Setting aside her recent embarrassing foray into Native American genealogy, Democrat Massachusetts Sen. Elizabeth Warren is still beloved by many progressive leftists and is considered to be part of the top tier of potential Democratic candidates for the party’s presidential nomination in 2020.
However, there may be a bit of an ethical hurdle for Warren to clear prior to making a challenge for the Democrat nomination, as she has come under federal scrutiny for allegedly fundraising illicitly off her publicly stated opposition to the confirmation of then-Supreme Court nominee Brett Kavanaugh.
That was actually news that Warren was hearing for the first time during a final debate Tuesday against her Republican challenger, State Rep. Geoff Diehl, who raised the issue himself, and Warren’s bewilderment at the news drew an audible gasp from some in the audience.
The Foundation for Accountability and Civic Trust (FACT) filed a complaint Oct. 29 with the Senate Select Committee on Ethics which accused both Sens. Warren and Kamala Harris of California of “violating the Senate Ethics prohibition against linking a promise of official action to a solicitation of campaign contributions.”
During the debate, Diehl said, “And one other thing that really, we found out recently, I think is pretty unconscionable, is the fact that Senator Warren was fundraising illegally using the vote on Justice Kavanaugh, the confirmation vote, to try to raise money for her campaign.”
“That just came out,” he continued. “Ya know, that’s something you should not be doing, first of all, while we are having a national discussion about the Supreme Court, is trying to fundraise off of it, but you did, and turns out, it’s illegal.”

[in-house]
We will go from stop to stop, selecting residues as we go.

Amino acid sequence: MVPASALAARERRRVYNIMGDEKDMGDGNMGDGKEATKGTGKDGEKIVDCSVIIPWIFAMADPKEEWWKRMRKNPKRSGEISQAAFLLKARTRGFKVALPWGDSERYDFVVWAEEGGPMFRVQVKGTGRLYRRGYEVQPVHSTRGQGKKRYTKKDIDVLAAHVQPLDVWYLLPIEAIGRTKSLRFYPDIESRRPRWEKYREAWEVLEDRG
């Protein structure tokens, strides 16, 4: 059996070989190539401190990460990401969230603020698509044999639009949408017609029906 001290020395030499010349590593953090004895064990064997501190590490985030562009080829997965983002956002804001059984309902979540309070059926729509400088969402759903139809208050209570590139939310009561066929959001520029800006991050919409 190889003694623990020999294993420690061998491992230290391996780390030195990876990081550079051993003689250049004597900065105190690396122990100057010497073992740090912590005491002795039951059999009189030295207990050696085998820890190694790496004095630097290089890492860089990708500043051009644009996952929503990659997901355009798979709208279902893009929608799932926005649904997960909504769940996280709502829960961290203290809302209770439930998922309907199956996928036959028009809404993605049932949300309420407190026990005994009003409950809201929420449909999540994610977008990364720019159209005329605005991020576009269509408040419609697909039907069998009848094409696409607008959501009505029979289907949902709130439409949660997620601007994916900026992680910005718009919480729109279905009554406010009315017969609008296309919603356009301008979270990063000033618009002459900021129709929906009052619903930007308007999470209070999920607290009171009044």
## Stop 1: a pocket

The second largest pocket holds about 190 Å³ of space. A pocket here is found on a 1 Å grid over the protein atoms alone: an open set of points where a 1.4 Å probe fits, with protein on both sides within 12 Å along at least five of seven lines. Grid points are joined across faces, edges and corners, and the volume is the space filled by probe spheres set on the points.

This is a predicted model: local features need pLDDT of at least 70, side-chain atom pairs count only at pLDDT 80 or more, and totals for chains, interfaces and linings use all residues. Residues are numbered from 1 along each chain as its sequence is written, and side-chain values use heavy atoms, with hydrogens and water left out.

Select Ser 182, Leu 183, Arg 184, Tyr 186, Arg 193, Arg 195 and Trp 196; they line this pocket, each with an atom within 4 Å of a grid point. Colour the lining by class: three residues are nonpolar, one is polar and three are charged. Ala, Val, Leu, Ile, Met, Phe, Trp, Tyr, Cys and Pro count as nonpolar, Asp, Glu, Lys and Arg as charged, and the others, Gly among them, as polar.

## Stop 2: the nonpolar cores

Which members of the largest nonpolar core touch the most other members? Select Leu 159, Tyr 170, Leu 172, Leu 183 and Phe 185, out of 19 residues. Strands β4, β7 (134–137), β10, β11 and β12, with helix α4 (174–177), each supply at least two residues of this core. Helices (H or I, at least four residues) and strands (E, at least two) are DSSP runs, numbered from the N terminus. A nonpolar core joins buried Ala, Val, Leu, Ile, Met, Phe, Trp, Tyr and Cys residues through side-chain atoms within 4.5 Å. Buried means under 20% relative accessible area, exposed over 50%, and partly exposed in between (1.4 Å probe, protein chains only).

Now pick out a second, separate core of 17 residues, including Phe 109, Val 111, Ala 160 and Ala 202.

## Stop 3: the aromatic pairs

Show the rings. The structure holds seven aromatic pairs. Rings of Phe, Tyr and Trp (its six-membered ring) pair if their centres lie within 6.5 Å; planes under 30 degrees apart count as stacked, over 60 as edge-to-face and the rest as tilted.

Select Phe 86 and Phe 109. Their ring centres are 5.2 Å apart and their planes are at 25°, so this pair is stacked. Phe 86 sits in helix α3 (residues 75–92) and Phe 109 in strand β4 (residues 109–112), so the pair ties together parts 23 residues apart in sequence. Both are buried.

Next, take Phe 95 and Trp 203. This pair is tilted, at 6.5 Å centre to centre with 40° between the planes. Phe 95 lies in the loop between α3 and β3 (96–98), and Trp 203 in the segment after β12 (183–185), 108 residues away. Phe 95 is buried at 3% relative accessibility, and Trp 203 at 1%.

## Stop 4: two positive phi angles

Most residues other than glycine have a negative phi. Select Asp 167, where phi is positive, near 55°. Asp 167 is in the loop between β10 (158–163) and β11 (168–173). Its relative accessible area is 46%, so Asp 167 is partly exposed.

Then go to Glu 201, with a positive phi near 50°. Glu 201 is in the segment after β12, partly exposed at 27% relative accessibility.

A confused Warren distinctly avoided what Diehl had just said and proceeded to attack him for not speaking out against President Donald Trump or his fellow Republicans on certain occasions related to Kavanaugh.
Diehl replied, “That’s because, Senator Warren, I don’t look for every opportunity to try to grandstand … but the fact of the matter is, that was such an intense moment in our country’s history, as far as trying to deal with presumption of innocence — the cornerstone of our legal system — and you were willing to throw it right out the window because you were part of the Senate Democrats who were trying to score political points by using poor Dr. Ford’s testimony as a way to drag down a man without any corroborating evidence.”
Warren attempted to resume her attack on Diehl for not calling out Trump on certain things, but a moderator interrupted so he could “drill down” on the ethical violation referenced by Diehl about illegally fundraising off her planned vote against Kavanaugh’s nomination, and asked Warren directly, “Did you or did you not do that?”
“Actually, I don’t know, and I don’t know what …,” Warren replied, to audible gasps from the audience, prior to being cut short by a brief discussion among the moderators about the ethics complaint.
“Yes, there’s an ethics complaint that has been filed about a fundraising email,” one of the moderators said.
With a somewhat dumbstruck look on her face, Warren replied, “Then I will, I will check into it, but I don’t know.”
Following the debate, Diehl was asked by a local reporter if he was aware that Warren had claimed to be unaware of the ethics violation complaint lodged against her. He replied, “Well, that was a surprise to me. I think it made national news earlier in the day, I don’t know why she wouldn’t know it tonight.”
Despite the possible ethical violation by Warren, she faces little danger of being removed from office by voters in the upcoming election, as RealClearPolitics has Warren’s Senate seat listed as “safe” for Democrats and she holds a comfortable 20-30 point lead in most polls.
Regardless, the ethical violation and other genealogical blunders she has made could prove incredibly cumbersome to her once-promising political ambitions going forward, a reality shift that likely has both the senator and her supporters feeling as dumbfounded as she looked on the debate stage.
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